Purpose: To assess the impact of Jordanian’s Corona Virus Disease (COVID-19) lockdown on visual acuity and macular thickness in patients with macular edema receiving intravitreal injections, and to assess the ethical endeavor of lockdown among serious sight threatening conditions. Patients and Methods: This retrospective observational study included patients planned for intravitreal injections who did not complete the planned course before the lockdown (ie, before 20th of March 2020). Data included demographics, indication for the intravitreal injection, corrected distance visual acuity (CDVA), and central macular thickness on Optical Coherence Tomography (OCT) before and after the lockdown. Results: One-hundred and sixty-six eyes of 125 patients were studied, 68 (54.4%) patients were males, and the mean (± standard deviation, SD) age was 64.79 (±9.41) years. Mean (±SD) duration of delay in the planned injection was 60.97 (±24.35) days. The change in visual acuity was statistically significant for patients with diabetic macular edema (p= 0.045 improvement), patients with central retinal vein thrombosis (CRVO) (p= 0.05 deterioration), and patients with age-related macular degeneration (AMD) (p= 0.005 deterioration). Of interest, delay of more than 2 months and the previous need for 3 or more injections were significant poor prognostic factors for visual outcome for patients with diabetic macular edema (p=0.027 and 0.045). Conclusion: The impact of delay in the scheduled intravitreal injections resulted in variable outcomes depending on the indication. Triaging the urgency of patients should be based on the indication to support the equity principle of bioethics, where those in need are prioritized against others, depending on potential adverse outcome.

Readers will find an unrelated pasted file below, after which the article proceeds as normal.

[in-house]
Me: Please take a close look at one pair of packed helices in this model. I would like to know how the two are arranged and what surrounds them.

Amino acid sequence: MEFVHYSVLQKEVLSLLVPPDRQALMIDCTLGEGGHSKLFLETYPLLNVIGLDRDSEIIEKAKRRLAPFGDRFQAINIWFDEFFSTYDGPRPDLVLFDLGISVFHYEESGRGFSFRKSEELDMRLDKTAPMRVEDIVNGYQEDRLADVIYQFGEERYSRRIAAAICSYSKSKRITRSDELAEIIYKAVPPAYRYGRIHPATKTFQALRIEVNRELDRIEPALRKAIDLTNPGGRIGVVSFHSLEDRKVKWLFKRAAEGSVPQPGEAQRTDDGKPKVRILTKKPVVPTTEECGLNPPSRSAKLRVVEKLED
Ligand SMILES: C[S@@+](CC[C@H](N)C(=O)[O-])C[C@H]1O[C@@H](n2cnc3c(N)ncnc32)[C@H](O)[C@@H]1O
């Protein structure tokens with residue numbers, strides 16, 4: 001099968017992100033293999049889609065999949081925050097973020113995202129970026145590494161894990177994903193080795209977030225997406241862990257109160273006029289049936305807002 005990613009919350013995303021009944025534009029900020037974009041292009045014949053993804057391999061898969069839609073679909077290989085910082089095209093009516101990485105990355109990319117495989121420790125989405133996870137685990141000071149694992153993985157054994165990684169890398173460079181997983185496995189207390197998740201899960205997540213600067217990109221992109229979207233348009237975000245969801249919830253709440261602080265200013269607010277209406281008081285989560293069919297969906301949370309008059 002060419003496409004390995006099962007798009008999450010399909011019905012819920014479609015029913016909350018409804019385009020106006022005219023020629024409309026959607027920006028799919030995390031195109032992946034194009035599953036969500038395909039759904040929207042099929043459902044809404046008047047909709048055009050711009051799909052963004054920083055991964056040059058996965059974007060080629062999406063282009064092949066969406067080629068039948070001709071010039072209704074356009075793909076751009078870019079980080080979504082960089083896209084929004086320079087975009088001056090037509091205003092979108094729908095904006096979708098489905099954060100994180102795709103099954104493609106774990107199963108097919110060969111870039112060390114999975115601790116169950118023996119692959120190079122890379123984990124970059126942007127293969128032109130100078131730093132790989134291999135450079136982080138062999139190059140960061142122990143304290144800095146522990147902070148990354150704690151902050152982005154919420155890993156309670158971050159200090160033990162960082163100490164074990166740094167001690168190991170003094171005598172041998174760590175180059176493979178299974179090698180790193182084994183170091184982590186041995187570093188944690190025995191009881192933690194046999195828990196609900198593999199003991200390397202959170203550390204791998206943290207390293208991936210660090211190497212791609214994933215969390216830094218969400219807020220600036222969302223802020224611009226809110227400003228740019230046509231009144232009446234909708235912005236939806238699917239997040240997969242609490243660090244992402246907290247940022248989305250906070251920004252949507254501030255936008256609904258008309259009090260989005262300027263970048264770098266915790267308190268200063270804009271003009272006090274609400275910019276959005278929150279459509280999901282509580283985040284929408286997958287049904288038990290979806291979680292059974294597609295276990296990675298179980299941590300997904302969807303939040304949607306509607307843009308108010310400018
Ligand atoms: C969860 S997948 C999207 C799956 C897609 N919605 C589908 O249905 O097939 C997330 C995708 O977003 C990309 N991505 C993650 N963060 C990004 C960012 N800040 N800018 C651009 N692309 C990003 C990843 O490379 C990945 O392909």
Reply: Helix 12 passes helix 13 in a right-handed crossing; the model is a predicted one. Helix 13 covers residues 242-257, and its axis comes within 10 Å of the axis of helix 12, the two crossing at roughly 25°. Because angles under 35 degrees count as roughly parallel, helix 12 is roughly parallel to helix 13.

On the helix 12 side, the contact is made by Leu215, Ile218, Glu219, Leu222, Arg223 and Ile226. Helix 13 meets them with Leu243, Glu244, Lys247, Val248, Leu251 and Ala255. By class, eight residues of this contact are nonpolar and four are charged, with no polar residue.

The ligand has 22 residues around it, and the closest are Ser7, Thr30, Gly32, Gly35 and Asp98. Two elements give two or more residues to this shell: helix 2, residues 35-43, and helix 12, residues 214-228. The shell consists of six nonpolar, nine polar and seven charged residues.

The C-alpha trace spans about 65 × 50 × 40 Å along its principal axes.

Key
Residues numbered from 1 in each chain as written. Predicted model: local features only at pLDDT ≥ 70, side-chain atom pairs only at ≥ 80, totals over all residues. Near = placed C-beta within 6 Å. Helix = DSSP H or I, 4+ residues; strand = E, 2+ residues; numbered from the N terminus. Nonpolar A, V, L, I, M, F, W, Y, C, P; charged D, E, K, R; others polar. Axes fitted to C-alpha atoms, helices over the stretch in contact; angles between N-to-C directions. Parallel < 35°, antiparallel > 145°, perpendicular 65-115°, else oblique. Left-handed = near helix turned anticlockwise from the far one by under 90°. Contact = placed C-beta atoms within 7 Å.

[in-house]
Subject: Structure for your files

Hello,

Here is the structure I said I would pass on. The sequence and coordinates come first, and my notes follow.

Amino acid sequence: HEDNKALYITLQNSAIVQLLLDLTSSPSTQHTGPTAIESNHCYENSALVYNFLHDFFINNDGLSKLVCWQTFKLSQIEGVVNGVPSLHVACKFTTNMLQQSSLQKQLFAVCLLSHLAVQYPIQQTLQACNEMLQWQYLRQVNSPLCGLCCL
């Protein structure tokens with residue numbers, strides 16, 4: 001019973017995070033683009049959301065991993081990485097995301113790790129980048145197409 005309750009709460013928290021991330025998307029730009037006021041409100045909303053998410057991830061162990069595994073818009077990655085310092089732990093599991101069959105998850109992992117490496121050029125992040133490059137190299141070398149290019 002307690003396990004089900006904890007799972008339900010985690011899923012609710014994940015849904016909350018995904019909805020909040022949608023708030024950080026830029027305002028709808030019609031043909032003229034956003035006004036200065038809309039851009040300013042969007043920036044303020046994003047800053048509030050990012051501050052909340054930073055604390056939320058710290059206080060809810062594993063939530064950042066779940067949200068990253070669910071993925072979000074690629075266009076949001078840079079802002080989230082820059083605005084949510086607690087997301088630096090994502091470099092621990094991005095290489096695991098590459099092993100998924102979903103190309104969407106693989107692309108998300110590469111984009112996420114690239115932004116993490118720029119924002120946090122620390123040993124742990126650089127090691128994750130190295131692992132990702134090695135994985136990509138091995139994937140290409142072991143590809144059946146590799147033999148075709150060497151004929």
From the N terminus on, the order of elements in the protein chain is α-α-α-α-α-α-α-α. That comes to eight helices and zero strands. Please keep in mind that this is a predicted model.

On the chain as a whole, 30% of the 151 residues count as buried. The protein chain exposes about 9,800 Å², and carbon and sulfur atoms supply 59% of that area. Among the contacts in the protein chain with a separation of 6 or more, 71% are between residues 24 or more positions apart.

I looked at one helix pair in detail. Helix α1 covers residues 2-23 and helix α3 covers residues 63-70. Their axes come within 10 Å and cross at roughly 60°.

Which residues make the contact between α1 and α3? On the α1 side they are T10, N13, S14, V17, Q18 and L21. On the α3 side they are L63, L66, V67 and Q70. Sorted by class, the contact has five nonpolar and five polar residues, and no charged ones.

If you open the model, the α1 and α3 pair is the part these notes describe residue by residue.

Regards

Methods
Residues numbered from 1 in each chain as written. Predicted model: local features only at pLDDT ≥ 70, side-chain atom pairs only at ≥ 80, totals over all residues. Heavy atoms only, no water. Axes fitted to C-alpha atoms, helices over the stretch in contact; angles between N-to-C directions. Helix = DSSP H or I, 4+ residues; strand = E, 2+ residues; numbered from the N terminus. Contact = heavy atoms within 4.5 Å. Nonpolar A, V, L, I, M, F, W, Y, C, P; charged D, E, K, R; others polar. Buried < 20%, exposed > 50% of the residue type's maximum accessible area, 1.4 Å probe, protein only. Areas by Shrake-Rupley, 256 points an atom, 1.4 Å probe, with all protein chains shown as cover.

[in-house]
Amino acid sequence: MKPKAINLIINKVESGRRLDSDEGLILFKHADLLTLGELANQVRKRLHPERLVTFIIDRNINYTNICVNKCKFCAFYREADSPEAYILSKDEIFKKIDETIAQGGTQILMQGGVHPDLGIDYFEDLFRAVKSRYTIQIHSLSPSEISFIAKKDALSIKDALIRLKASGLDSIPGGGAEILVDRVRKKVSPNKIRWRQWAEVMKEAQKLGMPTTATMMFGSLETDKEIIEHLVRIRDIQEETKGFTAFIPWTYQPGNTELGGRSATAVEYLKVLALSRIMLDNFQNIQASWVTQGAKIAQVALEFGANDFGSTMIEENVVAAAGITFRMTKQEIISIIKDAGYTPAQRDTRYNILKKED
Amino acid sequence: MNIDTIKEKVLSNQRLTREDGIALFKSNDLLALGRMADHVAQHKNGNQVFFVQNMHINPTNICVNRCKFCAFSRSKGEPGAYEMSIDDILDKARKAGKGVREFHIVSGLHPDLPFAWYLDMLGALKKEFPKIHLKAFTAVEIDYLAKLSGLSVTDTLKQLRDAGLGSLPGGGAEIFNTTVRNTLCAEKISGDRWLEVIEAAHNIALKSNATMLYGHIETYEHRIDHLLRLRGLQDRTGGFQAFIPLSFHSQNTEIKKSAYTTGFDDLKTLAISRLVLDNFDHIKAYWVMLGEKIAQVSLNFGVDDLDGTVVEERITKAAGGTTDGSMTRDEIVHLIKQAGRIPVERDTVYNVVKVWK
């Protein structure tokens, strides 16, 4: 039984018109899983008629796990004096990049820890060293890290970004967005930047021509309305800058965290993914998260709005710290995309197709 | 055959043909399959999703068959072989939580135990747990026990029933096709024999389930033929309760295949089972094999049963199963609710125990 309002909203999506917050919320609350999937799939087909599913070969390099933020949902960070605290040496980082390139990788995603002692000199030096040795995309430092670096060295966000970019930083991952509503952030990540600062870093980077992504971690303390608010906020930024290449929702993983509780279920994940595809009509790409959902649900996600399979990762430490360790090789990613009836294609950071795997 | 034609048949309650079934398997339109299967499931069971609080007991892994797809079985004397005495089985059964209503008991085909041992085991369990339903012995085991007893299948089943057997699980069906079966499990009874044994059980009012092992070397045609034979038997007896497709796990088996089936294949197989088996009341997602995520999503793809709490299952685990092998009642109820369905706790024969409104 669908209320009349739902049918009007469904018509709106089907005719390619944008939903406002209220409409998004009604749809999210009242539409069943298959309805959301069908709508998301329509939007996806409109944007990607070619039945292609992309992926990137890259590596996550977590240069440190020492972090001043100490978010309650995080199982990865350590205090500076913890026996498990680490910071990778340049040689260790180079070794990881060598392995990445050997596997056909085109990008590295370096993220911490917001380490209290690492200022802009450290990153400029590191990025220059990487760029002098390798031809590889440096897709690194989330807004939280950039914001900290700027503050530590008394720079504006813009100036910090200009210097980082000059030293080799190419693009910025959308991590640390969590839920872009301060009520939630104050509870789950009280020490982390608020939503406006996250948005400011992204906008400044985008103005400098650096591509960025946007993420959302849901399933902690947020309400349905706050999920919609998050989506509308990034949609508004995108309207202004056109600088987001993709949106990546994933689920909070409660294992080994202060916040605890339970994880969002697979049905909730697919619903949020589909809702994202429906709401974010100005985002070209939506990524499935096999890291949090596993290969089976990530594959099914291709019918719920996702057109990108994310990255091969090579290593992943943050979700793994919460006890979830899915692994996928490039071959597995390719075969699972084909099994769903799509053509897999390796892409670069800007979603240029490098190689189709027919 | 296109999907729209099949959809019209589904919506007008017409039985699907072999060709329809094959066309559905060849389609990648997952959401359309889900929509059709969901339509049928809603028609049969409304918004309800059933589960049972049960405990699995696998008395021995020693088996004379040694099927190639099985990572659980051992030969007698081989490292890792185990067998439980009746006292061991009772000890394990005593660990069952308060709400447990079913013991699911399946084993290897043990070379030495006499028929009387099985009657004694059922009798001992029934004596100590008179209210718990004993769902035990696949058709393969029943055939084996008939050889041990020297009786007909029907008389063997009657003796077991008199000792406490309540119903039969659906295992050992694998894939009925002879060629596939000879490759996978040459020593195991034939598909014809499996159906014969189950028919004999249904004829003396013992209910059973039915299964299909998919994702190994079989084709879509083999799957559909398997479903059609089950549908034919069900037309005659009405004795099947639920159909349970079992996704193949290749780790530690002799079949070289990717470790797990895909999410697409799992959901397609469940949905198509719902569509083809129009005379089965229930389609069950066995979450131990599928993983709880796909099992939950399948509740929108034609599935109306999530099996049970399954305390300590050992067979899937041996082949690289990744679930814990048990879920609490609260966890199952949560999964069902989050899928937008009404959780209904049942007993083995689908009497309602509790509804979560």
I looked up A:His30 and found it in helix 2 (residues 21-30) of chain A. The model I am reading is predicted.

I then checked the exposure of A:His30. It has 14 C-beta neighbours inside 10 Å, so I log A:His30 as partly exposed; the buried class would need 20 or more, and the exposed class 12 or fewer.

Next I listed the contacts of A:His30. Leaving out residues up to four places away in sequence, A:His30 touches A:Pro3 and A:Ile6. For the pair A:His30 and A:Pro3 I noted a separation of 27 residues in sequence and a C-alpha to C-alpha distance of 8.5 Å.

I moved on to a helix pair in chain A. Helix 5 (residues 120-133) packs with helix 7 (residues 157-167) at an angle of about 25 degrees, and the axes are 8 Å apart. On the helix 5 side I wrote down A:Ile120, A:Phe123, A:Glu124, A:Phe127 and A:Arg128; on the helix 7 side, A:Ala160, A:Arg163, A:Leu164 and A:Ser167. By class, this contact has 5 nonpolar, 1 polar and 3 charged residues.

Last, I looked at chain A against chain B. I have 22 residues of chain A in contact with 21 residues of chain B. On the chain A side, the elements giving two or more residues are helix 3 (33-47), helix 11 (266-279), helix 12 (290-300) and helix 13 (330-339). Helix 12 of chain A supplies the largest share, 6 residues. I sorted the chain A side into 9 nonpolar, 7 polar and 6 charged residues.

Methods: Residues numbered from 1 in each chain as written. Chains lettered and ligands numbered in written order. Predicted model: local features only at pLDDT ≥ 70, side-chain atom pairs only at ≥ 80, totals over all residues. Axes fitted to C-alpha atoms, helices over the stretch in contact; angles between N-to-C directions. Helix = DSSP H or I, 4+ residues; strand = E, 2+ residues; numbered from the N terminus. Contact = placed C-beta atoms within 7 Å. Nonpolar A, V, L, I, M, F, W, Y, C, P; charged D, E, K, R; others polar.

Delayed intravitreal anti-vegf therapy for patients during the covid-19 lockdown: An ethical endeavor

Toro M. D.;
2021

Abstract

Purpose: To assess the impact of Jordanian’s Corona Virus Disease (COVID-19) lockdown on visual acuity and macular thickness in patients with macular edema receiving intravitreal injections, and to assess the ethical endeavor of lockdown among serious sight threatening conditions. Patients and Methods: This retrospective observational study included patients planned for intravitreal injections who did not complete the planned course before the lockdown (ie, before 20th of March 2020). Data included demographics, indication for the intravitreal injection, corrected distance visual acuity (CDVA), and central macular thickness on Optical Coherence Tomography (OCT) before and after the lockdown. Results: One-hundred and sixty-six eyes of 125 patients were studied, 68 (54.4%) patients were males, and the mean (± standard deviation, SD) age was 64.79 (±9.41) years. Mean (±SD) duration of delay in the planned injection was 60.97 (±24.35) days. The change in visual acuity was statistically significant for patients with diabetic macular edema (p= 0.045 improvement), patients with central retinal vein thrombosis (CRVO) (p= 0.05 deterioration), and patients with age-related macular degeneration (AMD) (p= 0.005 deterioration). Of interest, delay of more than 2 months and the previous need for 3 or more injections were significant poor prognostic factors for visual outcome for patients with diabetic macular edema (p=0.027 and 0.045). Conclusion: The impact of delay in the scheduled intravitreal injections resulted in variable outcomes depending on the indication. Triaging the urgency of patients should be based on the indication to support the equity principle of bioethics, where those in need are prioritized against others, depending on potential adverse outcome.
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Utilizza questo identificativo per citare o creare un link a questo documento: http://hdl.handle.net/11588/892691
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